This month marks the anniversary of when Lisa and I entered newspaper ownership. It was 37 years ago, in January 1983 when we decided to buy a weekly newspaper that I had worked as editor six years prior. We were young and green but with the hearts of lions.
Relatively new owners Betty and Raymond Terry put the Carroll County News up for sale. If I knew then what I know now we would probably have stayed with our safety net of comfortable jobs. The 100+ year old newspaper had a 100+ year old competitor in the same small town. Not only that, but the competition was then owned by a four or five generation family with deep roots in the community. We were the new kids on the block and selling advertising was tough. The competition had the lion’s share of regular advertising wrapped up.
I hit the road to neighboring towns on a weekly routine and was able to find essential success. Then we started publishing several special sections. It seemed although advertisers planned their weekly ad for the competition that they were eager to jump into something new. We published specials for whatever idea seemed to make sense: tax season, farming, spring home improvement, paint up fix up clean up efforts, brides, dairy month, a football contest, football preview section, holiday recipes and more. We took a leap of faith and, on a shoe string began a total-market coverage shopper.
It was hard work but our efforts and the response from advertisers brought in enough money to pay the bills. It was survival.
In 1992 a local bank funded our buyout of the competing paper across town. It wanted their
building for a community center.
From there we soon added the newspaper and shopper in the neighboring town and grew from there. We invested into established publications in Kentucky but sold them 15 years later to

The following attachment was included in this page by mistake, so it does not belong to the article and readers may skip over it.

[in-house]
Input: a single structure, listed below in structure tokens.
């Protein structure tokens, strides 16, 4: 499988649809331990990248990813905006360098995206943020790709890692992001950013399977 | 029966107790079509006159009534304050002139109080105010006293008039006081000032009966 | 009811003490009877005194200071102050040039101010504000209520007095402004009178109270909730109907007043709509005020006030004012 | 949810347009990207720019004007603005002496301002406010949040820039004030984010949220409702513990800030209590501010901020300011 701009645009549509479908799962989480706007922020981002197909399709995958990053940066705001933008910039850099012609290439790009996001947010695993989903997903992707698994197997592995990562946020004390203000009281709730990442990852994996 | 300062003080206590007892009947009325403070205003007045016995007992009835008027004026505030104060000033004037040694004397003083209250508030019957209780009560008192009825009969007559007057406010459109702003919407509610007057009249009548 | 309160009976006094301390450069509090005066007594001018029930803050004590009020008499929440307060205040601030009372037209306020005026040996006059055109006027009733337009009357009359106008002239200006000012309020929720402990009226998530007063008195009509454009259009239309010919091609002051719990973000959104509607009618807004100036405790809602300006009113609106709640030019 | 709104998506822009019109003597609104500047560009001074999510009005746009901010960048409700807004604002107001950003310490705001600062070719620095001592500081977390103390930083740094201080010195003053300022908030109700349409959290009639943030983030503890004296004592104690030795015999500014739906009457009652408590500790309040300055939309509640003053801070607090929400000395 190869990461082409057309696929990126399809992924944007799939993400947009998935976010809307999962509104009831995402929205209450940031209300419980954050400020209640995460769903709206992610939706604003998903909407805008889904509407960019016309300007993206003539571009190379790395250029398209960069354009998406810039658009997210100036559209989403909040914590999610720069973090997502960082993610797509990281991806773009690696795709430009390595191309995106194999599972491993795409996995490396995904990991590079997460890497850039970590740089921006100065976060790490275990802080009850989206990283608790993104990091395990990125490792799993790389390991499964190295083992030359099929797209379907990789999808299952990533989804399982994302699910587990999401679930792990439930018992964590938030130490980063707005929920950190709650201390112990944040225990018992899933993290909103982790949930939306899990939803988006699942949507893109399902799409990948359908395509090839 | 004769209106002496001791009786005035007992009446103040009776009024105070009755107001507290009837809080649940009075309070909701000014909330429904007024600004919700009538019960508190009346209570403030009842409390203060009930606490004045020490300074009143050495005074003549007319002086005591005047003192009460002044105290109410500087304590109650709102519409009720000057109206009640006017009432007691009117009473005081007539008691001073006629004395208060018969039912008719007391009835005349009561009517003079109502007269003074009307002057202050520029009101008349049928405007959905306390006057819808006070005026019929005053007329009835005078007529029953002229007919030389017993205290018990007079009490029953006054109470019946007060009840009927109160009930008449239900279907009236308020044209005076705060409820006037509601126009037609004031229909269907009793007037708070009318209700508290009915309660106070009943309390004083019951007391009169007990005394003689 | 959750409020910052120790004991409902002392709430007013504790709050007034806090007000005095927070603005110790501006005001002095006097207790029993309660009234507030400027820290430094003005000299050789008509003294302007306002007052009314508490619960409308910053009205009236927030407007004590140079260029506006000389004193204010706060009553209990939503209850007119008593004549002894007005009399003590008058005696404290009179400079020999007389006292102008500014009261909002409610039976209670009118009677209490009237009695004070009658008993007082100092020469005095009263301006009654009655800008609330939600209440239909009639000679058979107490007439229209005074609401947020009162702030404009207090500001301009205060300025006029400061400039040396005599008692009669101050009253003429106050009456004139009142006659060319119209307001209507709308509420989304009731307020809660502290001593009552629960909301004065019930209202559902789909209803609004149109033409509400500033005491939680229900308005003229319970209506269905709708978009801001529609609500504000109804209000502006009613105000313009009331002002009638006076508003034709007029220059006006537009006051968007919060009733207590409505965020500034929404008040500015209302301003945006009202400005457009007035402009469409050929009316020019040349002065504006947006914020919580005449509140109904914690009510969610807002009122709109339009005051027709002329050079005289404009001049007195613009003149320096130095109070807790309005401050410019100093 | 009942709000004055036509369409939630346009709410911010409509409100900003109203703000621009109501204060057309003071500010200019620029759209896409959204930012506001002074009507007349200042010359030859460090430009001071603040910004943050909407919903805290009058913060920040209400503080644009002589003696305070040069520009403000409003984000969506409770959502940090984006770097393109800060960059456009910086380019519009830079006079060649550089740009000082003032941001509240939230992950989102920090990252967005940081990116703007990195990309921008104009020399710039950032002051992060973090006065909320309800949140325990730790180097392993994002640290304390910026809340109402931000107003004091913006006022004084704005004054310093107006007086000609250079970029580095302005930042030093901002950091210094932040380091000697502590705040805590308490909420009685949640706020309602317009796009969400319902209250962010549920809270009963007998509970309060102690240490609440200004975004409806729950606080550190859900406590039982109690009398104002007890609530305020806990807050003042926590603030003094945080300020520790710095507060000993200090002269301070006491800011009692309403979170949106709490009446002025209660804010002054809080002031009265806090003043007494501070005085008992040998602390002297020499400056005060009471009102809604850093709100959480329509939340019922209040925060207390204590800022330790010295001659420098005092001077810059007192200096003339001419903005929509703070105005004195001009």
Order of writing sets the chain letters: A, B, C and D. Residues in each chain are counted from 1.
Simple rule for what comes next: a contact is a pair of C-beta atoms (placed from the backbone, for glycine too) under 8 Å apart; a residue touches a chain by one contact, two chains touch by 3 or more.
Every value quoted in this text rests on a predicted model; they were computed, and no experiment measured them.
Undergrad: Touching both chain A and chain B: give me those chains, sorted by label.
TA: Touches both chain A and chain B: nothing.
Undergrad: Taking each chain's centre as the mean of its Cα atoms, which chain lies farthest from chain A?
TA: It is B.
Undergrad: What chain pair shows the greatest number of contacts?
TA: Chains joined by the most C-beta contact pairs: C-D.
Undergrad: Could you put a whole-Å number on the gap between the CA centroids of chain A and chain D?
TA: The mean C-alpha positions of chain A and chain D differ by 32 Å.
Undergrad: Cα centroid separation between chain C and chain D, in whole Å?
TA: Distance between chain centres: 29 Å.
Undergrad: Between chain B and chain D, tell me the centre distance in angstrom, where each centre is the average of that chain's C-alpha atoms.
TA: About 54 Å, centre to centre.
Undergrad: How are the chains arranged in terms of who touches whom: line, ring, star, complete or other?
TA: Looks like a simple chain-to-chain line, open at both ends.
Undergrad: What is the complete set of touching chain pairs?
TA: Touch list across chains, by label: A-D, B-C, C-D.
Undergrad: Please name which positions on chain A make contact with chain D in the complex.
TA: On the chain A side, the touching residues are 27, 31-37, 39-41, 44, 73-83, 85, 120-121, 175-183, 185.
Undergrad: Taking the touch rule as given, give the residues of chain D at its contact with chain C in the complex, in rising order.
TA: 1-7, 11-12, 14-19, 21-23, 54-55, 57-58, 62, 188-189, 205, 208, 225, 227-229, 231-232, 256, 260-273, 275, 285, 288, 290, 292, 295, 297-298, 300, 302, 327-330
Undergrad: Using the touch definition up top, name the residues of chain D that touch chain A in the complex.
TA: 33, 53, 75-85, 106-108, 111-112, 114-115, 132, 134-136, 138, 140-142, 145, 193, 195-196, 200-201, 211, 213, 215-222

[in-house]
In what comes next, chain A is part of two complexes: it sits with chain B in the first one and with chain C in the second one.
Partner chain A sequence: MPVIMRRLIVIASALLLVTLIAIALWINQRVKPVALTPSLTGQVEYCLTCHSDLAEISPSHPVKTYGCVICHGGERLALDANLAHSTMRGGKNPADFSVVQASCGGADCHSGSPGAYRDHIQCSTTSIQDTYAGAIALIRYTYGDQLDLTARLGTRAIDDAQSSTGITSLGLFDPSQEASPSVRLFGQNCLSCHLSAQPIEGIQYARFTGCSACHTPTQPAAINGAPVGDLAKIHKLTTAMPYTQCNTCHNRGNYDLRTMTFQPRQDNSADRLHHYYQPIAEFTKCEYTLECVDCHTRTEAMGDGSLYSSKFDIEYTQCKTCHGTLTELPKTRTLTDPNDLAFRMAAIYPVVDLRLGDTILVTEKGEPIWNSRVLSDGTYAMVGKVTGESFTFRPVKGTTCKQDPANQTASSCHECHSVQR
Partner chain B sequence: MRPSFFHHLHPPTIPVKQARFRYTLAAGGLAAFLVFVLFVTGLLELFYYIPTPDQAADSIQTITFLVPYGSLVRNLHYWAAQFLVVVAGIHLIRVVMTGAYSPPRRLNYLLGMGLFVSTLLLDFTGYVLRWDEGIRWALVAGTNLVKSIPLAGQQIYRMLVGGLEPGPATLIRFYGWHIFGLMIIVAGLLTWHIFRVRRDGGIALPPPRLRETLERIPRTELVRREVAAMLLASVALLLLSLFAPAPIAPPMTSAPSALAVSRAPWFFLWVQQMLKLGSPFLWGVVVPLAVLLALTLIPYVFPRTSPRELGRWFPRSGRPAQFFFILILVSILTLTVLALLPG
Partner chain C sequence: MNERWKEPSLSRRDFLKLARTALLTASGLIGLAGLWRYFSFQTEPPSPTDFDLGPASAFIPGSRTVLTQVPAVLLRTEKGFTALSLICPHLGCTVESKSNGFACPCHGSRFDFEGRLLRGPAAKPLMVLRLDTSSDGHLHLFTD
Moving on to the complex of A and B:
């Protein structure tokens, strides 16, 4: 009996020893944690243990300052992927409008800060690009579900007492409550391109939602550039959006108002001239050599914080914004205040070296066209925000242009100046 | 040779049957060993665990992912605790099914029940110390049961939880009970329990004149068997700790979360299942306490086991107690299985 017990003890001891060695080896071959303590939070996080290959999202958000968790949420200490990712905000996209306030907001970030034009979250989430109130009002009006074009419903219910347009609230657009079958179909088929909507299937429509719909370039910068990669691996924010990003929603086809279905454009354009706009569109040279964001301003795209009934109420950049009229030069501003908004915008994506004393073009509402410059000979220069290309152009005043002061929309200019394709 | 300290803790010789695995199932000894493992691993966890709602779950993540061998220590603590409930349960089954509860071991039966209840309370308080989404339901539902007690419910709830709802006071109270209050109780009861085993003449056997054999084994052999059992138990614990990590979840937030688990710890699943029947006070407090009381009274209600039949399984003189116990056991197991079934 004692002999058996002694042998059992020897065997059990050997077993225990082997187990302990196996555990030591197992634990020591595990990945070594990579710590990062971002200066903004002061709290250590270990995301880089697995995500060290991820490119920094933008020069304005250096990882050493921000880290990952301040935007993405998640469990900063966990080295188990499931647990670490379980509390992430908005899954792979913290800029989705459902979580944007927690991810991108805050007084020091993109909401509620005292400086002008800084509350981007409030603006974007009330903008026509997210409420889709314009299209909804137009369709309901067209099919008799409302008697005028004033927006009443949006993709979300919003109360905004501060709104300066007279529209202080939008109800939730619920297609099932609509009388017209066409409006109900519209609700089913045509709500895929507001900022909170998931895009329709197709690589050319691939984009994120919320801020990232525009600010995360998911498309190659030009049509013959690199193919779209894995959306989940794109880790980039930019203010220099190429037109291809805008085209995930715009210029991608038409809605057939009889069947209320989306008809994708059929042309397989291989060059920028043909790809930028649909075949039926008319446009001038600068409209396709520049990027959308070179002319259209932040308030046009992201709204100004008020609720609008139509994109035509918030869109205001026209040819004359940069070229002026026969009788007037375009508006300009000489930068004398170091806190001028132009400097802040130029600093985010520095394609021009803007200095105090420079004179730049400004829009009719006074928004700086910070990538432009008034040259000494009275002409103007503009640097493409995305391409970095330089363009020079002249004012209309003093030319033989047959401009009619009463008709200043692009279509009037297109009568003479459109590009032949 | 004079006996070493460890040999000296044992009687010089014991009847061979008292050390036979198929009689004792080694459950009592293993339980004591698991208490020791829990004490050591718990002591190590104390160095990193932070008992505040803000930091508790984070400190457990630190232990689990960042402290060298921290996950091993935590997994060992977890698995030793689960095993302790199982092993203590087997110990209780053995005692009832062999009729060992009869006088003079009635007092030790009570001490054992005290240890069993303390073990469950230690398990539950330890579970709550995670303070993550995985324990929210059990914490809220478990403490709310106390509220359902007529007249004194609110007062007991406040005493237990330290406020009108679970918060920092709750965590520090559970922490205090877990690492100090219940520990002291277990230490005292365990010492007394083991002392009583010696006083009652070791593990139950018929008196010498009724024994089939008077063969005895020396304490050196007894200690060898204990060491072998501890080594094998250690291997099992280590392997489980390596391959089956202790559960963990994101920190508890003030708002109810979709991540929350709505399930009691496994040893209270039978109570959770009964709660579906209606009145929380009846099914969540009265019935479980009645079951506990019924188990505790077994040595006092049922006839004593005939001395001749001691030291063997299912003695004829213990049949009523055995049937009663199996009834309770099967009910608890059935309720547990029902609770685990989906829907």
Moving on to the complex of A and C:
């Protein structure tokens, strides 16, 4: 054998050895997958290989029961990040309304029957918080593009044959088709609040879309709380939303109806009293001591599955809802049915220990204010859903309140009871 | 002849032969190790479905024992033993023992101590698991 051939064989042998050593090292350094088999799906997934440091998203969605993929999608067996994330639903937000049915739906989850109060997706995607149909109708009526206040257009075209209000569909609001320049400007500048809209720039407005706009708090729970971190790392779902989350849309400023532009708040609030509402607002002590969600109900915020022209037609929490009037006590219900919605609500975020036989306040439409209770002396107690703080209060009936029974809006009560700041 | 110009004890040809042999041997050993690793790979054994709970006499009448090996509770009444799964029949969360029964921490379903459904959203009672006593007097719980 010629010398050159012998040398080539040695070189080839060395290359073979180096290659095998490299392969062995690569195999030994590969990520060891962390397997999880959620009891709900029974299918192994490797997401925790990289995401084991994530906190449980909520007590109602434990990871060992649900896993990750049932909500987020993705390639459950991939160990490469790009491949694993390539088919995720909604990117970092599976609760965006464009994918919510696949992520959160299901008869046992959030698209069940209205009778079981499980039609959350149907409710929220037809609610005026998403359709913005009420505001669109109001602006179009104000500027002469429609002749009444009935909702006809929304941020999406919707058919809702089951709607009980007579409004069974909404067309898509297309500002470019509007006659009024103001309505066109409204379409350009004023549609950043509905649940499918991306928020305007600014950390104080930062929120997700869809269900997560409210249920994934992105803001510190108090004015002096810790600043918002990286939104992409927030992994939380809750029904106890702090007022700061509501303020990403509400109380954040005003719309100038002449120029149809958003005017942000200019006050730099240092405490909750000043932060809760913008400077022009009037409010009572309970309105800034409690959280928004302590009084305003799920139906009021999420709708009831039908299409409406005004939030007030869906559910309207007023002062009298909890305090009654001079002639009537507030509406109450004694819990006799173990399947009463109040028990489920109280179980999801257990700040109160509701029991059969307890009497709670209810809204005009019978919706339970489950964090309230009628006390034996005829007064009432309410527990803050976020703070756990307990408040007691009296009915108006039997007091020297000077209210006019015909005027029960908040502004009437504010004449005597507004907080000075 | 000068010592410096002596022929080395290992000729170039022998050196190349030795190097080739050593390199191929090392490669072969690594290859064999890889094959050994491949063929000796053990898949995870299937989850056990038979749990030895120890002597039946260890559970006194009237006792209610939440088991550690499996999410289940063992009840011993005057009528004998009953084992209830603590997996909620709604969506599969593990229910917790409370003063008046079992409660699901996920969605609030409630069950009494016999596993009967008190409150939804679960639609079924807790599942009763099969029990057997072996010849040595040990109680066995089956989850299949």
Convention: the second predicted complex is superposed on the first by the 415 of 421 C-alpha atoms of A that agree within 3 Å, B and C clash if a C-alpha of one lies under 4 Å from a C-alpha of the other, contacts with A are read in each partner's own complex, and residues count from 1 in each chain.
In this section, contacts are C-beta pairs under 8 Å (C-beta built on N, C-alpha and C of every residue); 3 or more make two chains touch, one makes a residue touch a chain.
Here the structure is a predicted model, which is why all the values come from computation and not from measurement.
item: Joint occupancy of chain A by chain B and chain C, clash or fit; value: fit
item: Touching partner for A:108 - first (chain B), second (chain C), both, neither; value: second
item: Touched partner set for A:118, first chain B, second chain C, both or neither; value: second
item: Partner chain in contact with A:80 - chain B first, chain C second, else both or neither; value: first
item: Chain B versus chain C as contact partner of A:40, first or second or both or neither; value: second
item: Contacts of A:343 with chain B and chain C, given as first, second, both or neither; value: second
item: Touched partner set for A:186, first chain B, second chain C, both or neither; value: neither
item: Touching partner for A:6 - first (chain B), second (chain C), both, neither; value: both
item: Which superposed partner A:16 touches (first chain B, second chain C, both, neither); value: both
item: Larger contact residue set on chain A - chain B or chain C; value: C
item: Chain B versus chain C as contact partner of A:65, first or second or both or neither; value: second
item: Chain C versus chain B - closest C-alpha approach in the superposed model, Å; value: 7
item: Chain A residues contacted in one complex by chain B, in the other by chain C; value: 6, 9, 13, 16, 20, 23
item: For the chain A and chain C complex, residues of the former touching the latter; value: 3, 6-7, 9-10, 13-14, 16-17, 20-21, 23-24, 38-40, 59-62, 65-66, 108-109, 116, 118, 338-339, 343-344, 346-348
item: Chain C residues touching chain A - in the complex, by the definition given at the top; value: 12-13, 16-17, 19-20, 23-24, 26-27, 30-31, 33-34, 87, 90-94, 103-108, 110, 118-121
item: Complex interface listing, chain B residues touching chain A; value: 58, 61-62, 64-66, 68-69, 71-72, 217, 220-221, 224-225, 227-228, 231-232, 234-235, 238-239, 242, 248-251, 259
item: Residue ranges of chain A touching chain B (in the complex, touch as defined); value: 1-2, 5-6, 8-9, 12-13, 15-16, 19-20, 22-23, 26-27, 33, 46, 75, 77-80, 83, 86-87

acquire more titles closer to home in Tennessee.
It didn’t happen overnight but our small company grew to include more newspapers that were members of the Tennessee Press Association than any other. January is said to be the worst month to have jumped into this business but I didn’t know that at the time. Opportunity was there and we seized it.
It is only by the grace of God that we were able to continue in business, struggling to compete. Reflecting on 1983 brings back scary memories of fragile equipment, skeleton staff and 20-hour work days.
Survival instincts kept the papers rolling off the presses each week at the local printing plant. I had a business formula that I had learned and I stuck to it.
2006 was the best year financially. The depression of 2009 and the super retail centers forced many of the local good advertisers, including most of the supermarkets that were our “bread and butter” out of business. New technology brought on the Internet. We try to roll with the punches. I am excited to embrace 2020 and what this new decade holds in store.
Dennis Richardson is the CEO of Magic Valley Publishing Company, Inc. the company that owns the Chester County Independent and 13 other newspapers in West and Middle Tennessee.